So while I know it’s painful to think about The Intersection, remember that it’s Thanksgiving week: let’s channel those thoughts into some genuine thanks for the surgical services teams who have played such an under-the-radar role in the success of our kids. I encourage you to share this post on social media, maybe write a card or note to the surgical services team at your local children’s hospital. Whatever it is, just make sure you let them know how much you appreciate that they’re there on the other side of The Intersection.
If you’re reading this and you’re part of the team who wears the green scrubs and the funny shower caps: just know that our family thanks you for your hard work. Let this recognition encourage you and your teammates to know you are loved and appreciated for your work…keep it up!
I’m sure before you had a child that was born with a critical illness, you knew of your local Children’s Hospital, but you didn’t really know about it. You’ve probably said to yourself, “I’m glad we have it, I just hope we never have to use it.” For you that wish didn’t come true and ushered in a reality that you never expected.
Like all of us, you’ve made many trips to and from these hospitals and walked through the same set of doors over and over: rain or shine, sleet or snow, holiday or humdrum Wednesday. As we left our – hopefully – last surgery with Nolan, I started to really think on the significance of the front door of the hospital.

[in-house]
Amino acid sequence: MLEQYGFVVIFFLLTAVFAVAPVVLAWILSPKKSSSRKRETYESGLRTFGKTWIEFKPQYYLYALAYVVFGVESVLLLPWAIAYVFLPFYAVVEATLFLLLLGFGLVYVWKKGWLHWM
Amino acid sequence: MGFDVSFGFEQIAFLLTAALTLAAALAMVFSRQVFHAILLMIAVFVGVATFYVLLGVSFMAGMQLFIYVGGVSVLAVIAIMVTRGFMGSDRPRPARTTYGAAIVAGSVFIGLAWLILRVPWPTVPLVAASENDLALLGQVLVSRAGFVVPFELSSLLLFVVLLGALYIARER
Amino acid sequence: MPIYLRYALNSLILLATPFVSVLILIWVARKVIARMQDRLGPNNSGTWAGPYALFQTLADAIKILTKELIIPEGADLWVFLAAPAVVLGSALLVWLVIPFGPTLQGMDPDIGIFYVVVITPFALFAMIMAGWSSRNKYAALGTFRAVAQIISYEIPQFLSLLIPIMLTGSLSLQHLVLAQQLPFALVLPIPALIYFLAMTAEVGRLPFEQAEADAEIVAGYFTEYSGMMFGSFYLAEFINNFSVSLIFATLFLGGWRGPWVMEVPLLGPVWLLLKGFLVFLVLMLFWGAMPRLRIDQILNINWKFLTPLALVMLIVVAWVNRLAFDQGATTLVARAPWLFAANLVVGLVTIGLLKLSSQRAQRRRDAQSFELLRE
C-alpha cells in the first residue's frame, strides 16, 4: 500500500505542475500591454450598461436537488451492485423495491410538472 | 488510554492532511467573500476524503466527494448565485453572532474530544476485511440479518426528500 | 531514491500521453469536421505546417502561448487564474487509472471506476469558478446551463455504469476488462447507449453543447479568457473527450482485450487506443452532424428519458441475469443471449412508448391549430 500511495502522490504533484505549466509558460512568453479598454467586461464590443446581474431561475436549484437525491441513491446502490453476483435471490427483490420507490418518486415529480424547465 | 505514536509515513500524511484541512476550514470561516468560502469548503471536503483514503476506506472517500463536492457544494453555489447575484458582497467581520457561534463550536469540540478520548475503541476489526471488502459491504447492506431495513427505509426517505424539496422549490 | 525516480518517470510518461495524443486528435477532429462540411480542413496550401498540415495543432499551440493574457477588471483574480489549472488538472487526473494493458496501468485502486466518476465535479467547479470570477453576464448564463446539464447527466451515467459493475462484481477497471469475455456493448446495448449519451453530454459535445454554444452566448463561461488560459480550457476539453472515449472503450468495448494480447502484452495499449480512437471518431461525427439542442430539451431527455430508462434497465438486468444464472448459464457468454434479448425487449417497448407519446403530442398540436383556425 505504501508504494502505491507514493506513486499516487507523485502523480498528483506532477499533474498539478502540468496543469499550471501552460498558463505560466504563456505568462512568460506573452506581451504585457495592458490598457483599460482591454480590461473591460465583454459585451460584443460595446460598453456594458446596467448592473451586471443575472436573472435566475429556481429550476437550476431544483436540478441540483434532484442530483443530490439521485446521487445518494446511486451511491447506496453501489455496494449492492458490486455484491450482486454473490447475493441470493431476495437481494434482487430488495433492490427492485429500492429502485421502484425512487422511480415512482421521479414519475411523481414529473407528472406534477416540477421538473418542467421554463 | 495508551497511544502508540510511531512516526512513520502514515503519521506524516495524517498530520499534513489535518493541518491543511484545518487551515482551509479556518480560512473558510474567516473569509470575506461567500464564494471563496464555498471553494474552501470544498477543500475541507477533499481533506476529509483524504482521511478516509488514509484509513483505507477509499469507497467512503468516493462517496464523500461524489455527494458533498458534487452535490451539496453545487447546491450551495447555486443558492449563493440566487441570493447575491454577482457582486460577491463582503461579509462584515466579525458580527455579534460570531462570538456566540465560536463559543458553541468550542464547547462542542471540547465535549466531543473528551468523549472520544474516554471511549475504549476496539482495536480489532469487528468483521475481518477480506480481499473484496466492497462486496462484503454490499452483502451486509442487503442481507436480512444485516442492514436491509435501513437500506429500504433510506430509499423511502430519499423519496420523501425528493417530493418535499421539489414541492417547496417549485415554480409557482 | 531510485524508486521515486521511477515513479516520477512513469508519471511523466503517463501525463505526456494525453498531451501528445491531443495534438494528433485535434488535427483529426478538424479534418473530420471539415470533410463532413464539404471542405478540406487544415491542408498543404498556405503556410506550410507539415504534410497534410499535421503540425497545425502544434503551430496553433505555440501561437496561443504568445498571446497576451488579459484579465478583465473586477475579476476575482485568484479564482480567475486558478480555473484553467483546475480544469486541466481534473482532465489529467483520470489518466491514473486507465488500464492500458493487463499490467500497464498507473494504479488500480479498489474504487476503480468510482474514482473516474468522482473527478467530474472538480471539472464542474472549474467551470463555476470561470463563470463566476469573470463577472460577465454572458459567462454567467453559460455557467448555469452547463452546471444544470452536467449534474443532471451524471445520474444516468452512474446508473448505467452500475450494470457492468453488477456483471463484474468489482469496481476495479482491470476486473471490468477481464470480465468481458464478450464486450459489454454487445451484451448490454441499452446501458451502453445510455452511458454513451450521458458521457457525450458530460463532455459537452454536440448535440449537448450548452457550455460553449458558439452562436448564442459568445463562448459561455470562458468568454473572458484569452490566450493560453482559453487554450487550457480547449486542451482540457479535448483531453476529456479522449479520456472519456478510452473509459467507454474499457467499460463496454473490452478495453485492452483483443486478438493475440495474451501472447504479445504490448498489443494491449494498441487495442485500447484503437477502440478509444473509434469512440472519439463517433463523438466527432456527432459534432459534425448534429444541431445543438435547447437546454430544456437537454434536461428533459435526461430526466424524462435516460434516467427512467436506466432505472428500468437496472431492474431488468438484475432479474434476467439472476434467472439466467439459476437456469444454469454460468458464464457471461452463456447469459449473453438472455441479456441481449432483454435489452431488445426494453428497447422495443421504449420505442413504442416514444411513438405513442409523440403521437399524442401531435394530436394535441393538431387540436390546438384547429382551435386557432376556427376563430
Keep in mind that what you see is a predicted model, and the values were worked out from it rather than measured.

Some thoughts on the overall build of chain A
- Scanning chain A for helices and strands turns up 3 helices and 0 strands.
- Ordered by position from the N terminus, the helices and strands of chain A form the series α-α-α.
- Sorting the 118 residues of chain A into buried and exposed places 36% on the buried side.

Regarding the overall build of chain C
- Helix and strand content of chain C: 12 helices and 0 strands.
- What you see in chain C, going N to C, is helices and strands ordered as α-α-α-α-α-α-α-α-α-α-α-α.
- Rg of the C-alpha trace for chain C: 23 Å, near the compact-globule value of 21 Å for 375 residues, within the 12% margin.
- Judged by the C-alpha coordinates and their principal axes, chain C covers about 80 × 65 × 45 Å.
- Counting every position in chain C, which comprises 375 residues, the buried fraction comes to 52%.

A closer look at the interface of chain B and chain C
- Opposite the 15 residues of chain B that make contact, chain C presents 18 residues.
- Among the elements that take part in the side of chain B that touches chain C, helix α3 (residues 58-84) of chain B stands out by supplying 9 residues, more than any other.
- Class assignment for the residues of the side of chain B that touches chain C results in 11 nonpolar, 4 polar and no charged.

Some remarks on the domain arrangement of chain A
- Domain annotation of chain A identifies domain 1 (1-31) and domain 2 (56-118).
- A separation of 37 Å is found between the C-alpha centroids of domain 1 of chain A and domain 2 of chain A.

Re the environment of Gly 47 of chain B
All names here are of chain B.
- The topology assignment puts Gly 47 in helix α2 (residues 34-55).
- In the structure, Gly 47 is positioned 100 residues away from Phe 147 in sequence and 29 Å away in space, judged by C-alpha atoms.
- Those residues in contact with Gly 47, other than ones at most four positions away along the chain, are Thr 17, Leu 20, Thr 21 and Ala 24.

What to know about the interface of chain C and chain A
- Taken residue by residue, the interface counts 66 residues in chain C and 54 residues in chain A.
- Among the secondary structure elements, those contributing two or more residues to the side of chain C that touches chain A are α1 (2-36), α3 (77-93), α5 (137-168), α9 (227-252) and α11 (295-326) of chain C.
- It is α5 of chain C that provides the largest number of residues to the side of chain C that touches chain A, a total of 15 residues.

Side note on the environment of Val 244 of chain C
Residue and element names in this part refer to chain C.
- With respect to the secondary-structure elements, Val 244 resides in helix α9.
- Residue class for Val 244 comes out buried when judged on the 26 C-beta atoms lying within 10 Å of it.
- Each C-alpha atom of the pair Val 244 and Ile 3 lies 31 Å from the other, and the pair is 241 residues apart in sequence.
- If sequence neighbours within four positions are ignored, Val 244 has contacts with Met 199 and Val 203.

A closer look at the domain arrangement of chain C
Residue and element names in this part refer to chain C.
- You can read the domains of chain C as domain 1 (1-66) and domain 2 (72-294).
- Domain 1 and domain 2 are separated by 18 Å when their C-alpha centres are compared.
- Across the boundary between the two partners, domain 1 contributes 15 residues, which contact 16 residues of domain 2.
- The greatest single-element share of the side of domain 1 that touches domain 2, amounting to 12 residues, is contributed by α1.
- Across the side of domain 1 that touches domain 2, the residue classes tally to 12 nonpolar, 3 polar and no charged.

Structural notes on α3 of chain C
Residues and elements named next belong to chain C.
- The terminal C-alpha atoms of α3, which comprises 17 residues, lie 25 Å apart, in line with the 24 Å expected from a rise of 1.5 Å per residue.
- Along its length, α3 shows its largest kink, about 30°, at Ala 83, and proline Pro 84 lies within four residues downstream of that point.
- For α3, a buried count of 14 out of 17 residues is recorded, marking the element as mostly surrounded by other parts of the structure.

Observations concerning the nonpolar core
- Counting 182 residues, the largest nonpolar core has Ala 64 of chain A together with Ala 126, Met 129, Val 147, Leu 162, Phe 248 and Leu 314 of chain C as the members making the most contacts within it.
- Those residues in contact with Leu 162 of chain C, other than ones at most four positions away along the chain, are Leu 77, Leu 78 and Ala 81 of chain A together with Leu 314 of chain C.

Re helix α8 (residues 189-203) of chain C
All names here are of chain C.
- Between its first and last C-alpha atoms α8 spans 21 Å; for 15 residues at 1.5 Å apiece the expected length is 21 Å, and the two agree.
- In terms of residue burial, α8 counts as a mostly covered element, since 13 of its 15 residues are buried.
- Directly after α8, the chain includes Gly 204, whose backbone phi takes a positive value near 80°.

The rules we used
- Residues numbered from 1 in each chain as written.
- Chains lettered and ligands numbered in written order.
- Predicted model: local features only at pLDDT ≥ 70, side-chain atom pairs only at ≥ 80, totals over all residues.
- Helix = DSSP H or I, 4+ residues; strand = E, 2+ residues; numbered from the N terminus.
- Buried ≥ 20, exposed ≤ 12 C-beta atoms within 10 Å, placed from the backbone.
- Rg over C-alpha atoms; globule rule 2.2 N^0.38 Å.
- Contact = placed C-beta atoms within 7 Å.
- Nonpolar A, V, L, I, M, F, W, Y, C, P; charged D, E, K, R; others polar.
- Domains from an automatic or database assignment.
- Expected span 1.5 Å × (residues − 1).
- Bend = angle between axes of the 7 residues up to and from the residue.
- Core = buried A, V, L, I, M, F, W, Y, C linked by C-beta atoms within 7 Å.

The Door can lead to our greatest fears, but also our greatest hope. There have been way too many times where I’ve had to walk from the parking garage to these doors, and every step closer makes me more scared and more nervous. Because on the other side of The Door is something scary for my son, something unknown, something painful, but something necessary. But also on the other side of those doors is a team of people who have the professional training to give your kid a shot at a full life. This door also leads the way back home…it says “we made it.” The Door leads to thanksgiving…to joy…to peace.